The Australian government has ordered the forcible sale of 15 properties bought illegally by foreign buyers. The properties sold ranged from A$140,000 to A$5.9 million in value.
Treasurer Scott Morrison made the announcement last week, highlighting that the total number of forced property sales since May 2016 was now at 6, having a cumulative value of A$107 million. Morrison said that the government was committed to enforcing rules so that illegally held Australian properties are identified.
The government has been under increasing pressure to show that the country’s foreign ownership rules are being adhered to amid rising concerns that foreign buyers are fueling Australia’s housing boom. According to data from the Australian Bureau of Statistics, housing prices in the nation’s major cities has climbed by nearly 50 percent since the year 2008.
Housing prices in Sydney, the largest city in Australia has almost doubled since 2009, resulting in it becoming the world’s second most unaffordable city after Hong Kong, as per a report from researcher Demographia. In an attempt to crackdown on violations, the government has increased scrutiny of transactions as well as enforcement of existing regulations.
Current foreign ownership rules require buyers to apply to the government's Foreign Investment Review Board before buying property in the country. Non-Australians can buy only newly-built property, and not pre-existing units. The 15 recently-sold properties had been owned by citizens of India, China, Iran, Indonesia, Britain, Germany and Malaysia. Suspect transactions are typically identified via tips from public or data analysis. The biggest forced sale was that of a A$5.9 million property owned by an Indian national and located in Rockbank, a suburb located in the outskirts of Melbourne. Industry observers point out that government action has been taken on very few cases.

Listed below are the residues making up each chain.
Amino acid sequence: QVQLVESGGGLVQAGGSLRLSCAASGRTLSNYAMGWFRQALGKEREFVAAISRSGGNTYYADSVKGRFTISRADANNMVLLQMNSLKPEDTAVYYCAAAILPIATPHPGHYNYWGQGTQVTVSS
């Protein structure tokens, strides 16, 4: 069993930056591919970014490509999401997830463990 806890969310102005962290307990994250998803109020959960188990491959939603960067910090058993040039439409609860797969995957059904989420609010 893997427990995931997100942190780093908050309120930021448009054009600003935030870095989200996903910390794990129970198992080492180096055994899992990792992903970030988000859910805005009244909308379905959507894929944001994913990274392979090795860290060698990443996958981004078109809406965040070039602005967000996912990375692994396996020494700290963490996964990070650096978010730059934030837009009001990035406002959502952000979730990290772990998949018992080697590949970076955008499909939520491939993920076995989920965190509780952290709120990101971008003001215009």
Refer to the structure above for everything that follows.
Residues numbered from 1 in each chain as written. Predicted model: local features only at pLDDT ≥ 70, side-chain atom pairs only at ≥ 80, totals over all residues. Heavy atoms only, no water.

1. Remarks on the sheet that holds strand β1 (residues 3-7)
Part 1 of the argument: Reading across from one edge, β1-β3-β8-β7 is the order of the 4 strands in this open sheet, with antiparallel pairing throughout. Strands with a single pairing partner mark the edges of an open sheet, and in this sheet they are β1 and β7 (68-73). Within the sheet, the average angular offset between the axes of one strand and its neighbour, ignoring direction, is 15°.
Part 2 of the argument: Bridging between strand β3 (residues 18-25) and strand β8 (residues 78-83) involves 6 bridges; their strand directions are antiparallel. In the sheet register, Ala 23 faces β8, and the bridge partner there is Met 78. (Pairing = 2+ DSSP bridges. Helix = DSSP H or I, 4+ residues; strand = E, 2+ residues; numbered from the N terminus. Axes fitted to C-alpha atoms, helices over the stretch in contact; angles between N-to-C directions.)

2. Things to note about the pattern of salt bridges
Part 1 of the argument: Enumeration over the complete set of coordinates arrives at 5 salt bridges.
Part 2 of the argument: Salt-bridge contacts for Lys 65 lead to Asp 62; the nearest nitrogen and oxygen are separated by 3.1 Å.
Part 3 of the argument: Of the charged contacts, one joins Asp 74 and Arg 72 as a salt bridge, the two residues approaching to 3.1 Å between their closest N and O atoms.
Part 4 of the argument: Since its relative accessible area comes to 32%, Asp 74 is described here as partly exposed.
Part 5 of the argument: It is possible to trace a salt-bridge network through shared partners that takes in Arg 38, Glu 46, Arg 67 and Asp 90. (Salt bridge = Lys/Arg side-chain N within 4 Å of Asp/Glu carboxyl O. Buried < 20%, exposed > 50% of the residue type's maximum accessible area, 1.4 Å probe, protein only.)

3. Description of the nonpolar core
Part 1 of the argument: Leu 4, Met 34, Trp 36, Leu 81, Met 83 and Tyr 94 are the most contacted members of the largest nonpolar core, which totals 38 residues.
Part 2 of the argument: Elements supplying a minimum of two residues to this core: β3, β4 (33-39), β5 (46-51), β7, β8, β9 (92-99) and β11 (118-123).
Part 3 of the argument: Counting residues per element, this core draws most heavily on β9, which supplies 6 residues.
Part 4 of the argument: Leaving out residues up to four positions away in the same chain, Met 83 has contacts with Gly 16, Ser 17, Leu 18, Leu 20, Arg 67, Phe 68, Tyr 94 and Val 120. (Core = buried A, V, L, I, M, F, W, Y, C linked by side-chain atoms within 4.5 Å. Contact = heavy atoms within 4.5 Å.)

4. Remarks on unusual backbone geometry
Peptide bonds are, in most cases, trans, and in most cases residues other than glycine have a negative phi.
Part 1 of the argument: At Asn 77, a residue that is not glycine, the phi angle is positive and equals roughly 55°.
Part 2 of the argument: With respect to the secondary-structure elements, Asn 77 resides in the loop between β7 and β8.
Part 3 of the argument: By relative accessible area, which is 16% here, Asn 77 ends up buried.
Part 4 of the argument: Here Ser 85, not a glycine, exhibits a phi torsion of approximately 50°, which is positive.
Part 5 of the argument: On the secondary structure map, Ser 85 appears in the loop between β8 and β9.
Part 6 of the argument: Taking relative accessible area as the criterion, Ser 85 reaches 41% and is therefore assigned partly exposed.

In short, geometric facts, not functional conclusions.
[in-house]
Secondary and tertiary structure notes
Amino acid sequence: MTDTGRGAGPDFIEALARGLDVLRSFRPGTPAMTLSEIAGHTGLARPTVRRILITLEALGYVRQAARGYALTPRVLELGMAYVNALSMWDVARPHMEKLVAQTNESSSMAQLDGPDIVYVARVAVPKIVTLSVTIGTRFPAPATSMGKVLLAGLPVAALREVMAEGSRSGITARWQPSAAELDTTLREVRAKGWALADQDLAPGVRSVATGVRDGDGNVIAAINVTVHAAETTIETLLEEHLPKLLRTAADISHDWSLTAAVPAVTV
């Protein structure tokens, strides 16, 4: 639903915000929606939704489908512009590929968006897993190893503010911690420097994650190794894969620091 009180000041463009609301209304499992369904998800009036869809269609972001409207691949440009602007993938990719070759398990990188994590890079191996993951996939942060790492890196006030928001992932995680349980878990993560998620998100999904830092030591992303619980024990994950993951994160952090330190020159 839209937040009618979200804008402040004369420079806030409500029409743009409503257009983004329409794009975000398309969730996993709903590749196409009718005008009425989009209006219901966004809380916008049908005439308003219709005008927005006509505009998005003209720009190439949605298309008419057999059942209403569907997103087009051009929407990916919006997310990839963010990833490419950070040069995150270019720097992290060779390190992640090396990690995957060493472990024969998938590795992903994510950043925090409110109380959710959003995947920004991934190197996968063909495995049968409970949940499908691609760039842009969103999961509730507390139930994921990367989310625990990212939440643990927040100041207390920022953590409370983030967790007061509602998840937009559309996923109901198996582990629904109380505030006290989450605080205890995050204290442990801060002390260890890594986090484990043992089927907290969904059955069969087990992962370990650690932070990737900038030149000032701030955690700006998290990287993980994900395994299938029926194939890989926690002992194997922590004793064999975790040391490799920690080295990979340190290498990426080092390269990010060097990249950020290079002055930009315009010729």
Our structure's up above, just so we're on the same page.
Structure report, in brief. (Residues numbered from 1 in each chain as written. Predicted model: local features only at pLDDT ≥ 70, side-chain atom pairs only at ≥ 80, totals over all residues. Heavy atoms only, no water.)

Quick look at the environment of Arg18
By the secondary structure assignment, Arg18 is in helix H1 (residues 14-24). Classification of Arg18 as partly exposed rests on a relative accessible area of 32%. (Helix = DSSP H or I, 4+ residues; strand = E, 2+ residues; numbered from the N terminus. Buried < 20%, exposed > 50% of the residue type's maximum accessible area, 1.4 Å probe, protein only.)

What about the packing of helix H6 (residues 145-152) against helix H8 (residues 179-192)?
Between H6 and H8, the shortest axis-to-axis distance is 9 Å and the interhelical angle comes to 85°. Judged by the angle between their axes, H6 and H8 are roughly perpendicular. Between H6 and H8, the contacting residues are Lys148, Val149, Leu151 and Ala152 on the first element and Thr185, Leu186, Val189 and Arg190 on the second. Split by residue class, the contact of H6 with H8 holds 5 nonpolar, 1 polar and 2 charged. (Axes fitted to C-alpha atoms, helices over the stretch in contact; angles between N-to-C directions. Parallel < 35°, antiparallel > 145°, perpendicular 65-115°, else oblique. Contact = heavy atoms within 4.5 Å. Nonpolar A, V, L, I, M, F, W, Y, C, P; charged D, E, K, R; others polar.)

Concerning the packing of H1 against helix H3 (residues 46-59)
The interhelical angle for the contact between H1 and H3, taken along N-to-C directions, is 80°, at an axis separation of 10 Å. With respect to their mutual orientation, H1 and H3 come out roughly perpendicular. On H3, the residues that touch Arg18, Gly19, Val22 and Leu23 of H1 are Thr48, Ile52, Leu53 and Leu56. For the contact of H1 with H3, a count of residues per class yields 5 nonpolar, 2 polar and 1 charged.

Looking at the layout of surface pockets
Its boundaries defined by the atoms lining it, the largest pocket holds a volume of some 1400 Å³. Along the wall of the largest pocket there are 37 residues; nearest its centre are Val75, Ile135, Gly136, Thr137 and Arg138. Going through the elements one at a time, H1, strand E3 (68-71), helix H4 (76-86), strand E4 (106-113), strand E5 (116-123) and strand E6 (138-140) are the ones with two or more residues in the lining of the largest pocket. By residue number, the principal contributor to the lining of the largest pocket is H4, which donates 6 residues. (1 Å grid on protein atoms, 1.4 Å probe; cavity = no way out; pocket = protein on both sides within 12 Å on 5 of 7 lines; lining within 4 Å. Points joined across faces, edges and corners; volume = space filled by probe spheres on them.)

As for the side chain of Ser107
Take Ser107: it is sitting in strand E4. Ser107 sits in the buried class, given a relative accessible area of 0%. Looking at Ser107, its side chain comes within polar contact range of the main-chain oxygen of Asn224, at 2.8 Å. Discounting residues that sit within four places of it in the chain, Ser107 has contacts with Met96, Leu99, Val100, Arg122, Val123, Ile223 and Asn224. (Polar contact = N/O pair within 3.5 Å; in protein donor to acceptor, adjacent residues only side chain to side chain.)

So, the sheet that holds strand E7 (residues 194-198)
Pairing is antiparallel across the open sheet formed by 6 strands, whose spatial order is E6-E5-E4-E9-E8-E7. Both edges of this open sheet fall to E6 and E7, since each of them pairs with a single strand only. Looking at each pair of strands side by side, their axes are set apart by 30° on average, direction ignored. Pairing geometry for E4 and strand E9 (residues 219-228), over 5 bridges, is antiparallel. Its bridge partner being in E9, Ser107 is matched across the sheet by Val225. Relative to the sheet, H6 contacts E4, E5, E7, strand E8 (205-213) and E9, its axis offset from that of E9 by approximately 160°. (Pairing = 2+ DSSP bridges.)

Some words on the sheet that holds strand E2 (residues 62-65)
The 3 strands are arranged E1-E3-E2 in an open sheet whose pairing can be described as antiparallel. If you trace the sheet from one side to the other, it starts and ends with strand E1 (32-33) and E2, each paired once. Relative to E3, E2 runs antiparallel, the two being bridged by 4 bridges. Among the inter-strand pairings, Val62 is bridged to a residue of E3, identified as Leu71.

In a statement Charles Pittar chief executive of Chinese property website Juwai.com said,
The Foreign Investment Review Board has approved A$343 billion property purchases since 2010, and in total only A$140 million of investments have had to be divested. Divestments are equivalent to about four hundredths of 1 per cent of the total value of approved investments. Meanwhile, the Australian Tax Office has estimated that 5 per cent of wealthy Australians attempt to evade paying their taxes.
Pittar noted that out of the over 2000 investigations made into suspected illegal purchases, only 61 resulted in forced sales. Additionally just 3 percent of cases investigated found wrong doing resulting in divestment. The Australian government has also blocked foreign buyer bids for infrastructure assets such as the A$16.2 billion electricity Ausgrid, citing national security concerns.